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MADANG, Papua New Guinea (September 26, 2000 - Post-Courier/PINA Nius Online)---Anchors from boats and dynamite fishing are major threats to Papua New Guinea’s reefs, says Australian marine biologist Matthew Mowtell.

Mr. Mowtell told Divine Word University students in Madang that PNG’s reefs were diverse compared to other reefs in the world.

Journalism degree students at Divine Word University are this week undertaking a one-week intensive workshop on environmental journalism. It includes studying threats to the Papua New Guinea environment and how to report about them.

Mr. Mowtell said that since fishing was a major enterprise in PNG, there was a risk that anchors from fishing vessels could damage many reefs.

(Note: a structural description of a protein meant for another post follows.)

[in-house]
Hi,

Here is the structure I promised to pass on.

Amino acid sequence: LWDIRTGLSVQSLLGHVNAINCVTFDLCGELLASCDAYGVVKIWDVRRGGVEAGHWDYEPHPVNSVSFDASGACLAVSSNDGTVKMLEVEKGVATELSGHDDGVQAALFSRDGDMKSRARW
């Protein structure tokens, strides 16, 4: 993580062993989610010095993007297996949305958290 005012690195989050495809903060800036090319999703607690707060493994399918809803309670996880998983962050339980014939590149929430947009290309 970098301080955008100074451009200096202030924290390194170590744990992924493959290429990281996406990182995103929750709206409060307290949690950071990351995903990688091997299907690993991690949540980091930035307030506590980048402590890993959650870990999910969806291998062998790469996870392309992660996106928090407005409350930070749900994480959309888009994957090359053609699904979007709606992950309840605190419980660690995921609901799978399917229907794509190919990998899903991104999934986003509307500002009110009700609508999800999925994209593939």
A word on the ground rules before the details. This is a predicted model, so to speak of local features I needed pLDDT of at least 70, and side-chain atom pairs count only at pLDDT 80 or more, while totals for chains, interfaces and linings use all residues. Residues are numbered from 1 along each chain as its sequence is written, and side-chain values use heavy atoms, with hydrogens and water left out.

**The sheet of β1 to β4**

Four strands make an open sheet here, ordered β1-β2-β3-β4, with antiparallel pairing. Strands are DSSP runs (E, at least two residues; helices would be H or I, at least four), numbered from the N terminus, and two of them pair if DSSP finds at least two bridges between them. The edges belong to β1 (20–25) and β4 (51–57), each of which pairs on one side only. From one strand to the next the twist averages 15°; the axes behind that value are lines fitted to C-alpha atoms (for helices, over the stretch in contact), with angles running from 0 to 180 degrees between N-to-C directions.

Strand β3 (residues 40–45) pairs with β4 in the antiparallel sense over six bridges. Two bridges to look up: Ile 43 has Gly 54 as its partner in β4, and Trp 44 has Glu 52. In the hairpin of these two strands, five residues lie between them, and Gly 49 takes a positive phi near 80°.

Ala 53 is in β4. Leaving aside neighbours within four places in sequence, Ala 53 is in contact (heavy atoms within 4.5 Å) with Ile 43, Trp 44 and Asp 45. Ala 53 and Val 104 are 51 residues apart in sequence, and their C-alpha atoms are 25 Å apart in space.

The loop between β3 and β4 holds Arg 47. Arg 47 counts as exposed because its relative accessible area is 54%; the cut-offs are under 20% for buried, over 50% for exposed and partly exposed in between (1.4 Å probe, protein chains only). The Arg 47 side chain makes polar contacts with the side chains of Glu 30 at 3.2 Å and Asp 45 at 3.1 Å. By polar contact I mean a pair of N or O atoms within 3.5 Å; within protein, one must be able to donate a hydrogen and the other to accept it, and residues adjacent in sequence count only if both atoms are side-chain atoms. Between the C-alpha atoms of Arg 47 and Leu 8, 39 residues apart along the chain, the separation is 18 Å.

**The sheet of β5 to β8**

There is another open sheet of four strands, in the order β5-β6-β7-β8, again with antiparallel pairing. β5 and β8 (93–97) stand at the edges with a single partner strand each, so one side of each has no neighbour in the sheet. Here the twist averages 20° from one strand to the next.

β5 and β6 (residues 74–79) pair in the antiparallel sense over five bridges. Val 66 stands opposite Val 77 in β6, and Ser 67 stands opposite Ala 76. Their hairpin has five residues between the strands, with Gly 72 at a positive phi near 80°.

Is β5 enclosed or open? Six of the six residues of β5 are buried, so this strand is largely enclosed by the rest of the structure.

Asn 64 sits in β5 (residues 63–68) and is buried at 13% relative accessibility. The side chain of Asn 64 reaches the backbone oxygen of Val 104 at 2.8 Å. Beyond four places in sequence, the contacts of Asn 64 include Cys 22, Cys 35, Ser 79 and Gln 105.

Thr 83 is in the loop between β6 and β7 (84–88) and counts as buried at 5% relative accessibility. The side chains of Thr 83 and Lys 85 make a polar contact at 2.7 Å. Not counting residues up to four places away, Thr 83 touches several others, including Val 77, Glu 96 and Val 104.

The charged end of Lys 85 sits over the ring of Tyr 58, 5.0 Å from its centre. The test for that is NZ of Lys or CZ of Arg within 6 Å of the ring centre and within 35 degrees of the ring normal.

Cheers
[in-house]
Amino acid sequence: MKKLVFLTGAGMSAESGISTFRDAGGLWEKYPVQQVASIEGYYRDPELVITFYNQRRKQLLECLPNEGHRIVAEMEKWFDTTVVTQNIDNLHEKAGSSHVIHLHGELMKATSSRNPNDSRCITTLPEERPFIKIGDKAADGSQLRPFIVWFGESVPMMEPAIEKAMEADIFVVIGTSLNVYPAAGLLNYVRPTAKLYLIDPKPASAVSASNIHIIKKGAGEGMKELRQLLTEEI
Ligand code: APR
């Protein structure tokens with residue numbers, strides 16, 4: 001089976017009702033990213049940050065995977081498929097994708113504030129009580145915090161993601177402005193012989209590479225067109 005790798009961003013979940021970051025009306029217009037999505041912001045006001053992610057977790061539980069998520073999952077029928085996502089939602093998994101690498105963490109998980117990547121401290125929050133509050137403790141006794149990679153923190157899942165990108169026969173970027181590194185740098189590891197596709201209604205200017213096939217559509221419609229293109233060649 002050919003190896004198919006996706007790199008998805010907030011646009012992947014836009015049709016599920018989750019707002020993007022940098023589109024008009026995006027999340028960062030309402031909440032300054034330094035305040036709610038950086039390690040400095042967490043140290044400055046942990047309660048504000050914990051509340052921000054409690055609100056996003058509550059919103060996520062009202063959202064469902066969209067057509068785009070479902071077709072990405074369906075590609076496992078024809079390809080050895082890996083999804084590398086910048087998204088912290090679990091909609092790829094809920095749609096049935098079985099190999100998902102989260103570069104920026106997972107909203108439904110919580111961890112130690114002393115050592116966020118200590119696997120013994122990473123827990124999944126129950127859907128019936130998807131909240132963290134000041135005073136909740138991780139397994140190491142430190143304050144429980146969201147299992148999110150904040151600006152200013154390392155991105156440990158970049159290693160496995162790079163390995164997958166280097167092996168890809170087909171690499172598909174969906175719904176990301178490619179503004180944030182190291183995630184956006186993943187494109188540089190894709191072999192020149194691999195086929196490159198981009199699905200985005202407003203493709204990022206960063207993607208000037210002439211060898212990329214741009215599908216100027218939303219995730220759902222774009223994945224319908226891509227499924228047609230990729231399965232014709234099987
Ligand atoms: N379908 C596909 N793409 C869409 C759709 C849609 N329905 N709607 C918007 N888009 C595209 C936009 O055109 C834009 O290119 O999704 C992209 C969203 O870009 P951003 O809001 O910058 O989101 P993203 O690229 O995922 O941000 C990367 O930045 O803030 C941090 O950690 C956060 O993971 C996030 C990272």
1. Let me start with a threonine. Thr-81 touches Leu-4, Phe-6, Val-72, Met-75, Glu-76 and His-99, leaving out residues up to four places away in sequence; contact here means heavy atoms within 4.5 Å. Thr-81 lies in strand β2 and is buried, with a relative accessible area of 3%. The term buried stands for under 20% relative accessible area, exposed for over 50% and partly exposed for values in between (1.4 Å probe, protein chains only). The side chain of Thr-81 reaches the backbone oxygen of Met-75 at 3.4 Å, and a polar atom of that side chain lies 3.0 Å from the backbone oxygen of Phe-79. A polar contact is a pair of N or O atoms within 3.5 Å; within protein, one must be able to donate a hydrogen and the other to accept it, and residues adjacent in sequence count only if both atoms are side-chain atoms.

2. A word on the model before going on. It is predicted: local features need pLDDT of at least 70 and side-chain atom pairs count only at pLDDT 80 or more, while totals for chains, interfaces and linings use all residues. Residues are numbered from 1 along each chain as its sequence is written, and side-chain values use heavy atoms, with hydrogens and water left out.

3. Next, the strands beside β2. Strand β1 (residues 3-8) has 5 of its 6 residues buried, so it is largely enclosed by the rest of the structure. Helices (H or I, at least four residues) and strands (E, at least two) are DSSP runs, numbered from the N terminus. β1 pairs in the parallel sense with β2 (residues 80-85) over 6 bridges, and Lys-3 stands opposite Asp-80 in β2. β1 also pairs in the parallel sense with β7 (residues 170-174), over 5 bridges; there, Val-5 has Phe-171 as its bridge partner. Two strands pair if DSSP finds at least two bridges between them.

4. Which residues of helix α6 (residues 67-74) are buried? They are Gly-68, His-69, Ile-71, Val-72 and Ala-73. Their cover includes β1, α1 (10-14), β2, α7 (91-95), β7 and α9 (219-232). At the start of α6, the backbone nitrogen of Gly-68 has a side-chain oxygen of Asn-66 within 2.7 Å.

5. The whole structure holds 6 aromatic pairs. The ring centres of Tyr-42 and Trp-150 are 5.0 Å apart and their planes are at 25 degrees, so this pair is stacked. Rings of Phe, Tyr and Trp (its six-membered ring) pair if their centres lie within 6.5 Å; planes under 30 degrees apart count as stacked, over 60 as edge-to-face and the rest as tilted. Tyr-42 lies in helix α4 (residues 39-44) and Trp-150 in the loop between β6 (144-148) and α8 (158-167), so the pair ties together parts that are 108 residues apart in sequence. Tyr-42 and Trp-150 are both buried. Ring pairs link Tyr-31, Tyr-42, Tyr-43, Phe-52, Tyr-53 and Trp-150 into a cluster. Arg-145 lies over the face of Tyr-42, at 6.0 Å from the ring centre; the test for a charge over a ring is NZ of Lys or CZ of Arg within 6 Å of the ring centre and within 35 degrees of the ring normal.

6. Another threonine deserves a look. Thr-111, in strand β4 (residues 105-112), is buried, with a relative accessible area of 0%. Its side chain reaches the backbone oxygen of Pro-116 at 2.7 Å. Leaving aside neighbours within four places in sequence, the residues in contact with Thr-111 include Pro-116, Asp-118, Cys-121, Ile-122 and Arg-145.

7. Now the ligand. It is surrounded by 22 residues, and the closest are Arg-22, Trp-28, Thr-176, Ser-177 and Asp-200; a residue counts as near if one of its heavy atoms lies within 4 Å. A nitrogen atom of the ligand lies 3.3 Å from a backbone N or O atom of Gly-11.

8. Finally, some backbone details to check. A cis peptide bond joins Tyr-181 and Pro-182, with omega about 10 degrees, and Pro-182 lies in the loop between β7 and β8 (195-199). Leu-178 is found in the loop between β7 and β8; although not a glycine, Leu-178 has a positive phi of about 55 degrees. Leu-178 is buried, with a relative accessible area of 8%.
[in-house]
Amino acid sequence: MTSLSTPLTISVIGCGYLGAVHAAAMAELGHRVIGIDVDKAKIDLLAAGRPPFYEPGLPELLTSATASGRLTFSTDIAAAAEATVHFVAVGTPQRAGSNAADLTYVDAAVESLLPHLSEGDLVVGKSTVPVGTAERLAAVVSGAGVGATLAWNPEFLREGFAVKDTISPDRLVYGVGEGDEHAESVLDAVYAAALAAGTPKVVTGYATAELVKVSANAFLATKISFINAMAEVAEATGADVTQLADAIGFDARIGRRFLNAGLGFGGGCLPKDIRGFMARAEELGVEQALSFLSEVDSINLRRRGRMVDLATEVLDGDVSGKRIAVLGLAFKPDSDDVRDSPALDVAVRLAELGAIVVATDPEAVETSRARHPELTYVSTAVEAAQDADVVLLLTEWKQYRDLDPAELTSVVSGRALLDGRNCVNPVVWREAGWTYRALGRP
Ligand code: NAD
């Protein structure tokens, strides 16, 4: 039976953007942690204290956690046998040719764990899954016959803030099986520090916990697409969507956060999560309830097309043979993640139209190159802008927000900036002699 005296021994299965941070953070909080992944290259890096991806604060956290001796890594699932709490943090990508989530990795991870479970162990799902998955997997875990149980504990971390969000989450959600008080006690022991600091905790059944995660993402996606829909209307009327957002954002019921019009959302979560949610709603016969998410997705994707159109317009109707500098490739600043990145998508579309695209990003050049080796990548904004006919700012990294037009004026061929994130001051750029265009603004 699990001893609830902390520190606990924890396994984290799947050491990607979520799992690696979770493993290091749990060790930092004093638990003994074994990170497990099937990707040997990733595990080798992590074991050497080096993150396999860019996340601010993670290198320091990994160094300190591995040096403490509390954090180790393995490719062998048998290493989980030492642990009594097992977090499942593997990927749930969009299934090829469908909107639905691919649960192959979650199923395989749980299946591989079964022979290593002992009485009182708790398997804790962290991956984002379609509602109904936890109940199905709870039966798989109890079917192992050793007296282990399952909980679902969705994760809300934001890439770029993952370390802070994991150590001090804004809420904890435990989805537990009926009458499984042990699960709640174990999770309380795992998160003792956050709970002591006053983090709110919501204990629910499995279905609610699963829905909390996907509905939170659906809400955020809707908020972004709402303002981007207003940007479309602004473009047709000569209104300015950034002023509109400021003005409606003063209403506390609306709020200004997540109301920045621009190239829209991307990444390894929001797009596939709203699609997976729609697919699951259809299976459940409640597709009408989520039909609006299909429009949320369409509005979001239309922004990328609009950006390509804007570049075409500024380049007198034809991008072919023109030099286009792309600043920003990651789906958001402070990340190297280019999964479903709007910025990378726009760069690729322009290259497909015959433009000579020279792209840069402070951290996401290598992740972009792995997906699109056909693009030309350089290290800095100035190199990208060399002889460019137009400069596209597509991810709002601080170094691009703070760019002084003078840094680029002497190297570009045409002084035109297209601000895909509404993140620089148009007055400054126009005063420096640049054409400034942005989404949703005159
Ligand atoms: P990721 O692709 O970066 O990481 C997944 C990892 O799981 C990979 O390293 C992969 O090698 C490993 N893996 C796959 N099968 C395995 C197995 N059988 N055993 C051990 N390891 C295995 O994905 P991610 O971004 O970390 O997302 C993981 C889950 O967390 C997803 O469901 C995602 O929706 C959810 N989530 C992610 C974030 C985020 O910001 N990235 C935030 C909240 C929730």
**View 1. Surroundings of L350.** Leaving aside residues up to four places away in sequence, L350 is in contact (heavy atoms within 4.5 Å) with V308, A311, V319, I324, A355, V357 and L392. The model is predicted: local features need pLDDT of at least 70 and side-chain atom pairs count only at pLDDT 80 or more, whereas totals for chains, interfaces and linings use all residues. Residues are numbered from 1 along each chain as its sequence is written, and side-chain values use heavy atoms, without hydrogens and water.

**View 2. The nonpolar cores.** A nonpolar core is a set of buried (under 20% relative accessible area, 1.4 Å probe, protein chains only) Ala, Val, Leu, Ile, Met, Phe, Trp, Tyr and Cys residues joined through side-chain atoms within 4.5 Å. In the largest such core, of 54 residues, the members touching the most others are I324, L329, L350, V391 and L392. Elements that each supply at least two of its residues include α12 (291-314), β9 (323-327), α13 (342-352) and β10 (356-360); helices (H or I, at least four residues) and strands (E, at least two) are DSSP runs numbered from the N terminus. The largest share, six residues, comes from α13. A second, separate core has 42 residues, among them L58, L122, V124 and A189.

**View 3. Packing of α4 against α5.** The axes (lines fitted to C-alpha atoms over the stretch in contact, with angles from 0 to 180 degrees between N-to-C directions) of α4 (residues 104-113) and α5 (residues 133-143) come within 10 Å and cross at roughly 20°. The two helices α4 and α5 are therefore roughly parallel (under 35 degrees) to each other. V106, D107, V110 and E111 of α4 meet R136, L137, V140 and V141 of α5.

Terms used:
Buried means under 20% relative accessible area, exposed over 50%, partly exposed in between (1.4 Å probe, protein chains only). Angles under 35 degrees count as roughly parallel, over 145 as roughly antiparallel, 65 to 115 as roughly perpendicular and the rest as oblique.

Mr. Mowtell said over-fishing was the biggest threat because of the different methods used in fishing.

The other threat to reefs was dynamite fishing, he said.

Mr. Mowtell said many people dynamite-fished in PNG and this was very bad. Massive reefs and other marine organisms could be wiped out, he said.

He said the reefs faced other threats as well, including pollution.

Mr. Mowtell gave West New Britain as an example, where chemical run-offs from agricultural irrigation systems have caused a lot of damage to marine life.

Oil spills also killed off reefs, he said.

He said the oil on the surface of the water blocked out light and made it hard for the reef to consume energy.

"Sustainable exploitation through a middle ground is a good way to protect reefs and marine biology. If people look after the reefs, they’ll get more from it in the future," Mr. Mowtell said.

For additional reports from The Post-Courier, go to PACIFIC ISLANDS REPORT News/Information Links: Newspapers/The Post-Courier (Papua New Guinea).

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